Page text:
In the event the Prime Minister “… ceases to command the confidence of the majority of the members of the [Dewan Rakyat], then, unless at his request the Yang di-Pertuan Agong dissolves Parliament, the Prime Minister shall tender the resignation of the Cabinet.”[5]

Such constitutional provisions, not uncommon in other countries,[6] have led to the creation of a parliamentary mechanism known as the ‘vote of no confidence.’[7]


The Education Portfolio & Its Landmines

In the wake of Dr Maszlee Malik’s resignation as Minister of Education,[1] various names have been proposed as his replacement. Possible candidates touted include[2]:

i) Saifuddin Abdullah, the current Foreign Minister;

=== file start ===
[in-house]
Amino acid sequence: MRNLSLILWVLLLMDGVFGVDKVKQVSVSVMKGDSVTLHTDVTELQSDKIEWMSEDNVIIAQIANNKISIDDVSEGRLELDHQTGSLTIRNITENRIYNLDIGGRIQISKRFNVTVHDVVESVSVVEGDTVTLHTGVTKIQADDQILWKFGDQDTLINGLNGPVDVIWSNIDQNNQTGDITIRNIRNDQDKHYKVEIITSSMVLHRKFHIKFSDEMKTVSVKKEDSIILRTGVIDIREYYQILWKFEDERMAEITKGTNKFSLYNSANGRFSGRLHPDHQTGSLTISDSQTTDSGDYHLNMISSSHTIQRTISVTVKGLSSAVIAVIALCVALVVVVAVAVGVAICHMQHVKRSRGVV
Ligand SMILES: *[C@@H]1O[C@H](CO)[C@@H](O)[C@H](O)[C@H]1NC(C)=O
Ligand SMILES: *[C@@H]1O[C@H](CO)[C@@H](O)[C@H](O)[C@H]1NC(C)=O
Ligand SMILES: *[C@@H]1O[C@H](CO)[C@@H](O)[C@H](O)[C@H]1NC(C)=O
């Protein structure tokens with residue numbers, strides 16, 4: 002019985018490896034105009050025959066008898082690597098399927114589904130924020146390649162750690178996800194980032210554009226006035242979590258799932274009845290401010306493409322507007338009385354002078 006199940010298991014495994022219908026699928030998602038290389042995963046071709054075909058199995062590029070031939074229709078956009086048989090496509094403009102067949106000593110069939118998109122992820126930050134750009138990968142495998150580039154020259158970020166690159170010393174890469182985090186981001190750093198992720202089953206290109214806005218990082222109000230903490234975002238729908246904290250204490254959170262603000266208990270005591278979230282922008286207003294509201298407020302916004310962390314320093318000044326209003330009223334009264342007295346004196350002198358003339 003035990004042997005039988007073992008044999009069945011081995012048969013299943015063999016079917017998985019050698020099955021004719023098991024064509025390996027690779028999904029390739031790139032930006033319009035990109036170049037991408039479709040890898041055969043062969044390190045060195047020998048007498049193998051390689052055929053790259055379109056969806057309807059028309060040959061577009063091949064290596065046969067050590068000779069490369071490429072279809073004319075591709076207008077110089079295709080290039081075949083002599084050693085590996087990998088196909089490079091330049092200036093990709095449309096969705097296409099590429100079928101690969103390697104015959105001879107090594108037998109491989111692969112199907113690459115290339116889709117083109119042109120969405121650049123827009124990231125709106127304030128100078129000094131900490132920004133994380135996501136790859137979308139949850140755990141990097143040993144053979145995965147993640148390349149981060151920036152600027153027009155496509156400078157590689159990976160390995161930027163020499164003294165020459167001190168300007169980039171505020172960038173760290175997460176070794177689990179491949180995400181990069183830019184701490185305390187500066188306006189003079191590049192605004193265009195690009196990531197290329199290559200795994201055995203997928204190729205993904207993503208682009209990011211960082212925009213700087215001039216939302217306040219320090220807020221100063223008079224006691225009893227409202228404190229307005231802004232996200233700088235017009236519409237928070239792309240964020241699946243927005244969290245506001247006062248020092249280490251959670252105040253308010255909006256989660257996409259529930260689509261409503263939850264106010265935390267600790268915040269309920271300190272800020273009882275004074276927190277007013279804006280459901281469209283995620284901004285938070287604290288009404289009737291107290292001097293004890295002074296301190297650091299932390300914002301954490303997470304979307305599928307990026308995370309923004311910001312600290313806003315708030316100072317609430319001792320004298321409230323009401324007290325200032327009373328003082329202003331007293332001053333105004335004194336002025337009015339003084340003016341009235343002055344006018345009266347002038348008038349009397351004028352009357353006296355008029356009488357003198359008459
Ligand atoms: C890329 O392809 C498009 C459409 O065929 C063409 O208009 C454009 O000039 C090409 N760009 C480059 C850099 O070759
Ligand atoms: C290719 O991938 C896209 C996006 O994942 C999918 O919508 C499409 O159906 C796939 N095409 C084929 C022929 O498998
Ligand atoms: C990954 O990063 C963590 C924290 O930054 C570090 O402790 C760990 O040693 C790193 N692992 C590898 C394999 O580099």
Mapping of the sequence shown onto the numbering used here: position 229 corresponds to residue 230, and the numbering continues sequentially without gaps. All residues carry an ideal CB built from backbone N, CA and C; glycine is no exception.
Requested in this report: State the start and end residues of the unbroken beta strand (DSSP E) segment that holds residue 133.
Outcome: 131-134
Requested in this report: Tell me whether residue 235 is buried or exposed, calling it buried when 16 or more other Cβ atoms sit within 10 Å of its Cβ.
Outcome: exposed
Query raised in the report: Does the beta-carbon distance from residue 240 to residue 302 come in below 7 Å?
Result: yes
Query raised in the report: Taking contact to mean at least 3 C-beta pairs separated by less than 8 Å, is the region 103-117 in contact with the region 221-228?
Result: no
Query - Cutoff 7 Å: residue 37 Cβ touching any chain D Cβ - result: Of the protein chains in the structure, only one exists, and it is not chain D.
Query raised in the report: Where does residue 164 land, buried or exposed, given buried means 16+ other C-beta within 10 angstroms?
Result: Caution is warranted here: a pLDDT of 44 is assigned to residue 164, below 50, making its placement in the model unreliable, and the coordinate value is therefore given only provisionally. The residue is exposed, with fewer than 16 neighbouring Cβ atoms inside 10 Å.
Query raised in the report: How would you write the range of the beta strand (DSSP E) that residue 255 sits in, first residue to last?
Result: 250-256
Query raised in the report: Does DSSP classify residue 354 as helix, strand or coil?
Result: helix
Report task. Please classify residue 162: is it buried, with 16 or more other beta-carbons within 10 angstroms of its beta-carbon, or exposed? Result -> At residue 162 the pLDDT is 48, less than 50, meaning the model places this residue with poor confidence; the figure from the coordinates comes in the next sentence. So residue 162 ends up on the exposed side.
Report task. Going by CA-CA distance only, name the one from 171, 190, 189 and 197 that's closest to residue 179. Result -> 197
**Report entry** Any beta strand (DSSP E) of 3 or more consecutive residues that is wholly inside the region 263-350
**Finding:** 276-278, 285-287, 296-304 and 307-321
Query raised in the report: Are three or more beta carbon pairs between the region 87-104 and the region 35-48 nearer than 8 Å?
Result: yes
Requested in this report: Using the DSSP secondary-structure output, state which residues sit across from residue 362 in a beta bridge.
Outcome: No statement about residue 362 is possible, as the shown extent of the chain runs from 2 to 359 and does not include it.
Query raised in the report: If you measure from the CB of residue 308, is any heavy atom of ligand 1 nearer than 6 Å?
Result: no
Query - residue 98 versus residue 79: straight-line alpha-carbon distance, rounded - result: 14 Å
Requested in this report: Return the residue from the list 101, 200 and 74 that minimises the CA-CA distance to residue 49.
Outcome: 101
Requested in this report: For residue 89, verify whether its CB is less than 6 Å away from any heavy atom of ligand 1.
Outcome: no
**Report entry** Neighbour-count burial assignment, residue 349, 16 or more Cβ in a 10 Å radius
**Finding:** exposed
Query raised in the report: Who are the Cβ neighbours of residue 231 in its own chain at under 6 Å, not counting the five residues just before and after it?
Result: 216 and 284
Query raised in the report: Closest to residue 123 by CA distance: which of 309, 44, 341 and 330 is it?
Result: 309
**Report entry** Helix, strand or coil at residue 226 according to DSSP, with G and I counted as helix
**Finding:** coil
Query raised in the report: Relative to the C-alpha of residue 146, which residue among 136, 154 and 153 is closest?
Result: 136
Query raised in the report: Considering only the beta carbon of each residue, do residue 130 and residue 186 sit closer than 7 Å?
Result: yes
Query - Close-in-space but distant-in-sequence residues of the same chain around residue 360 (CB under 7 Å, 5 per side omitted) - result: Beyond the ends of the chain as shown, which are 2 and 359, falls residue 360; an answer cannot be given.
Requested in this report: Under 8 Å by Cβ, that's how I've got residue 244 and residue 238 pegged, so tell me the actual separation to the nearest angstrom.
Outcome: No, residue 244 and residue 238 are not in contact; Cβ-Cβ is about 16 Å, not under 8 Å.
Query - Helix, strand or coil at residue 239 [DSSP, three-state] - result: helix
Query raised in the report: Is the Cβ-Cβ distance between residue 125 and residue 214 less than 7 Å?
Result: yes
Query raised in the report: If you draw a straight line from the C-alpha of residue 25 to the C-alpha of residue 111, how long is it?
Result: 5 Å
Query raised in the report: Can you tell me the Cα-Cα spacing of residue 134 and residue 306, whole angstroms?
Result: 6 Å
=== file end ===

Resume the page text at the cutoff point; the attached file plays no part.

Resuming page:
ii) Mustapa Mohamed, the former International Trade and Industry Minister;

iii) Jomo Kwame Sundaram, a notable economist;

iv) Mohd Sham Mohd Sani, former Vice Chancellor of the National University of Malaysia;

v) Nurul Izzah Anwar, Member of Parliament for Permatang Pauh.

It cannot be denied that Dr Maszlee brought about some notable reforms during his 20 month tenure.[3] However, it was also marred with controversy. During his press conference on 2nd January 2020, Dr Maszlee was quoted as having said:

“I have been seen to be the cause of many crises, including the Jawi calligraphy issue, Internet at schools and the free breakfast programme.”[4]

It is undeniable that the Education portfolio is rife with Catch-22s, resulting in this particular ministerial position being a less than desirable one.


The Zakir Naik Indoctrination

A controversial examination question involving Dr Zakir Naik (“DZN“), allegedly from an Ethnic Relations paper, recently surfaced. The English translation of the question, found in the said paper, is as follows: